Lydia extended her hand, diamonds glittering on her fingers. Her gold brocade gown was lined with pearls, several long strands of pearls draped over her bodice. The white ruffled collar was high and stiff, a golden crown with diamonds perched atop her reddish-gold wig. Pearls framed her gold-sequined mask.
Lydia was imposing in street clothes.
She was overwhelming in queenly regalia.
“Pleased to meet you, Mrs. Wentworth.” Clark shook her hand.
“Mmm. Lex, dear, you’ve done wonders with this old stone mausoleum.”
“Well, you know how it is, Lydia. I call it home.”
Lydia smiled imperiously. “I don’t know why Lionel banished you to this backwater.”
Lex noticed the dull red flush creeping up Clark’s cheeks.
“Well, Lydia, Smallville offers me peace and quiet after a frenetic pace in Metropolis.”
Lydia raised an elegant eyebrow. “How peaceful can it be with all the strange happenings here?”
“Oh, come now, Lydia, you know how the press exaggerates things.”
“Perhaps.” Lydia toyed with her strands of pearls as a cowboy and a traditional Witch started making the rounds of the buffet table. “But surely you miss the bright lights and diversity that a major city can offer?”
“Bucolic has its charms.”
Lydia’s eyes flicked over Clark. “No doubt.”
Suddenly angry, Lex forced a smile to his face. He was glad that Clark was concentrating on balancing his plate as he ate and had missed the nearly smirking glance thrown his way.
Only the jaded of Metropolis would consider Clark a mere boy toy. Clark was too good, too pure, too damned innocent for the likes of Lex to corrupt.
Feeling very protective, Lex said, “So, I noticed you were at the Wayne Foundation auction.”
“Yes, it was quite interesting. Gloomy Gotham is always a horror, but Bruce is so Old Money his ancestors booked a stateroom on the Mayflower.”
Lex smiled. His old friend certainly was Old Money, the patina on the family treasure far older than Luthor money.
Halloween was Bruce’s favorite holiday.
Out of the corner of his eye, he saw a black cat dart by the table. Startled, he looked around but saw no cat, just the young blond Witch he had seen earlier.
I must be more tired than I thought.
“I also saw Oliver Queen there. He asked after you.”
“Well, that’s nice to hear,” he said distractedly.
“Isn’t it? Good for quality people to stay in touch.”
Lex noticed that Clark was no longer beside him. He talked with Lydia for a few more minutes, then excused himself.
He went out to the gardens, guessing Clark would have come out here.
A few minutes later he found Clark sitting on a marble bench in the grove with the Alexander and Hephaistion statues, eating his food and gazing up at the stars.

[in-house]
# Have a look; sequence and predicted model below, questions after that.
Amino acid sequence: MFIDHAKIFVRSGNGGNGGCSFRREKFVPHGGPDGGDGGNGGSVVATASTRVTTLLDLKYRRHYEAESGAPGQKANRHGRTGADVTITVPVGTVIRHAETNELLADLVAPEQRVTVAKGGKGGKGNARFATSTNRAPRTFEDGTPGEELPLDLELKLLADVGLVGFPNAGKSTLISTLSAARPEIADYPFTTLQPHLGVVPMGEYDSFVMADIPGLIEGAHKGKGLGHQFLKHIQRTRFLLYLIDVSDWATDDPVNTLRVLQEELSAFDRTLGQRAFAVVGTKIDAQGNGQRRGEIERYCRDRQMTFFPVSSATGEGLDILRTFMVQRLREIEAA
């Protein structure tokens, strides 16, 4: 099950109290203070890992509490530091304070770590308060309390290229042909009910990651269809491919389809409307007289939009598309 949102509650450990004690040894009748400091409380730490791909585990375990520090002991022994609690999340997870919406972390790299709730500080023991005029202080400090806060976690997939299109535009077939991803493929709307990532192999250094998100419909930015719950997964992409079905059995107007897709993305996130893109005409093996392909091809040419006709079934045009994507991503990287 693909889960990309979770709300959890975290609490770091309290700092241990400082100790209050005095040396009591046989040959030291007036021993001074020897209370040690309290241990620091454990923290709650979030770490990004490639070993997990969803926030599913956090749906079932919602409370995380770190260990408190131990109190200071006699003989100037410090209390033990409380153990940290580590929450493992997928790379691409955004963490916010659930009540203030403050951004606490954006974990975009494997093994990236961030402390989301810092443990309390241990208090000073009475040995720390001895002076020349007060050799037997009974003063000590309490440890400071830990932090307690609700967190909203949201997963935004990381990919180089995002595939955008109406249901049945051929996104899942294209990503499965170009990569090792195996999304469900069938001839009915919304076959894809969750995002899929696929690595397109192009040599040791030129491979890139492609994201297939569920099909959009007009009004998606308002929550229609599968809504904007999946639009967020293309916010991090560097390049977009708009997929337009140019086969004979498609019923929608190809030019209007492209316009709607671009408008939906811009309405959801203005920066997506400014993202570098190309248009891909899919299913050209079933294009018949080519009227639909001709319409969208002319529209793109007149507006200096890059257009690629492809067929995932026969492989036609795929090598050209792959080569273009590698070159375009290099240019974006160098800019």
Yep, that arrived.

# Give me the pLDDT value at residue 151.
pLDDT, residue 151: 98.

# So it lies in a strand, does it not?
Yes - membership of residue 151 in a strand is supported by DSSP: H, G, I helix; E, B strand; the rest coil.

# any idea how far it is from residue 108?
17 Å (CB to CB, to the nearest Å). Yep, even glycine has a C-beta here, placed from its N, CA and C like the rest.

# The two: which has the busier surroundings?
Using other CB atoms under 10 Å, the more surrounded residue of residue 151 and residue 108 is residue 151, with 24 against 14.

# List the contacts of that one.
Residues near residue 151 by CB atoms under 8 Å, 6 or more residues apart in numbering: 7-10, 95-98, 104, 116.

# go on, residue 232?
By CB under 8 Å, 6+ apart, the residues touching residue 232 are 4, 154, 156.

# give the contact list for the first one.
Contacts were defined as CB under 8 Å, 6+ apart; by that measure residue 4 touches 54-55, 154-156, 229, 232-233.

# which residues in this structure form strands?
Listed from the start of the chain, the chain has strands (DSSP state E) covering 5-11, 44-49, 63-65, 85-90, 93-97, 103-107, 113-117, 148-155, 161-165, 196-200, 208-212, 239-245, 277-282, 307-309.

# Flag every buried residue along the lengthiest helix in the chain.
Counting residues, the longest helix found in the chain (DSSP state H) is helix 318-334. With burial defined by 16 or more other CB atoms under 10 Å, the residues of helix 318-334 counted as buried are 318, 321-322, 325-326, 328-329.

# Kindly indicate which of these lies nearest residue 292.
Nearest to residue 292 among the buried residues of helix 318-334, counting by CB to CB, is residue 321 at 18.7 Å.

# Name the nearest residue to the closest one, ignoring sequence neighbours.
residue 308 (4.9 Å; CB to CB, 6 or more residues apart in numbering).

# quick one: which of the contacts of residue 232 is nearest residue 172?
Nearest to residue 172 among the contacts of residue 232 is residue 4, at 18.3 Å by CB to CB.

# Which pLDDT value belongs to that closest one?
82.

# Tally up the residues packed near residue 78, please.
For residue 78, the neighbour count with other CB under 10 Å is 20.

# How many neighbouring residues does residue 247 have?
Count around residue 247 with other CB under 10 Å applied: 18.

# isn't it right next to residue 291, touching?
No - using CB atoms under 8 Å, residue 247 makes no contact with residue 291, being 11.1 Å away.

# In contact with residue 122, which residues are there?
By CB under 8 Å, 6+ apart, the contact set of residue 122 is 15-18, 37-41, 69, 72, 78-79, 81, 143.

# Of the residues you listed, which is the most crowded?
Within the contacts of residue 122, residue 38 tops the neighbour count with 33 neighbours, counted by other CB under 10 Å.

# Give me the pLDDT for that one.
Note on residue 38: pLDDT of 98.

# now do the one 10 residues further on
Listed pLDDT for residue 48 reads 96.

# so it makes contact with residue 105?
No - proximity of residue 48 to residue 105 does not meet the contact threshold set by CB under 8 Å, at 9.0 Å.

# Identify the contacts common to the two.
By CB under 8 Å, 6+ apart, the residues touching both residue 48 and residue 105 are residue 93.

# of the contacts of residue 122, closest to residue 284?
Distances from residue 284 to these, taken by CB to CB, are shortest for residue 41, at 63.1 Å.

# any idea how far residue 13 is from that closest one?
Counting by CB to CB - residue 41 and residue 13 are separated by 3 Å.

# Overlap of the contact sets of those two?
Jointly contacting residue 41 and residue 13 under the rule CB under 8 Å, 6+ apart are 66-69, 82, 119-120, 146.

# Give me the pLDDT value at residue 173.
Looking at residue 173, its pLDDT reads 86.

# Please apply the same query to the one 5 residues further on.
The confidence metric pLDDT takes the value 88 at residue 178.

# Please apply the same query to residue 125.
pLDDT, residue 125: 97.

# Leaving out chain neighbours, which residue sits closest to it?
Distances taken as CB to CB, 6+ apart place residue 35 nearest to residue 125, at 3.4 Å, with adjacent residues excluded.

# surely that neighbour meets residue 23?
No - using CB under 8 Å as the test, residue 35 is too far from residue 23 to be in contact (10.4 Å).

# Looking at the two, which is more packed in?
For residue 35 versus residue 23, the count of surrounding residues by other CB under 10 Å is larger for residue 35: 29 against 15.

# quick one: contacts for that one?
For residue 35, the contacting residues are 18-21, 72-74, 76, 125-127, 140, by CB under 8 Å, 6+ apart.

“Sorry ‘bout that.” Lex’s silk cape whispered along the path.
“It’s not your fault.” Clark sipped his ginger ale.
“It’s just that most of my associates are as snobby and condescending as Lydia?”
Clark smiled slightly. “Comes with the money, doesn’t it?”
“Not all the time.” Lex sat beside Clark, their capes mingling on the bench.
“That’s true.” Clark turned to look at Lex. “You don’t act like that.”
Lex laughed. “I can be pretty arrogant.”
“Maybe, but you’ve got a good heart, Lex. I’ve seen you with my parents and friends. If anything, any rudeness comes from their side, not yours.”
Lex felt a pang. It was true that whenever someone mistrusted him merely for being a Luthor, it hurt.
“Well, the ultra-rich can be pretty vicious.”
Clark laughed slightly. “I’ll keep that in mind.”
They sat together companionably for several minutes, then Lex stood with a sigh. “I have to get back.”
“I’ll go with you.”
As the two men left the grove, the blond-haired Witch slipped out of the shadows, carrying a black cat. The cat slipped out of her grasp and pranced around the base of the statues.
“Salem, you are one pain-in-the-butt.”
“Can I help it if they have fresh tuna in the kitchen?”
The Witch rolled her eyes and studied the statues. She took a pouch out of the folds of her skirt.
“Is this where you chant hibbity-bibbity-bobboli-boo?”
“Hush.” She started at the statues, quietly uttered a complex chant in Latin, and threw golden sparkles from the pouch, the sparkles fluttering, encircling the statues in a cloud of stars.
Salem said, “Pretty.”
Salem trotted after Sabrina, tiny pinpoints of starlight winking off white marble.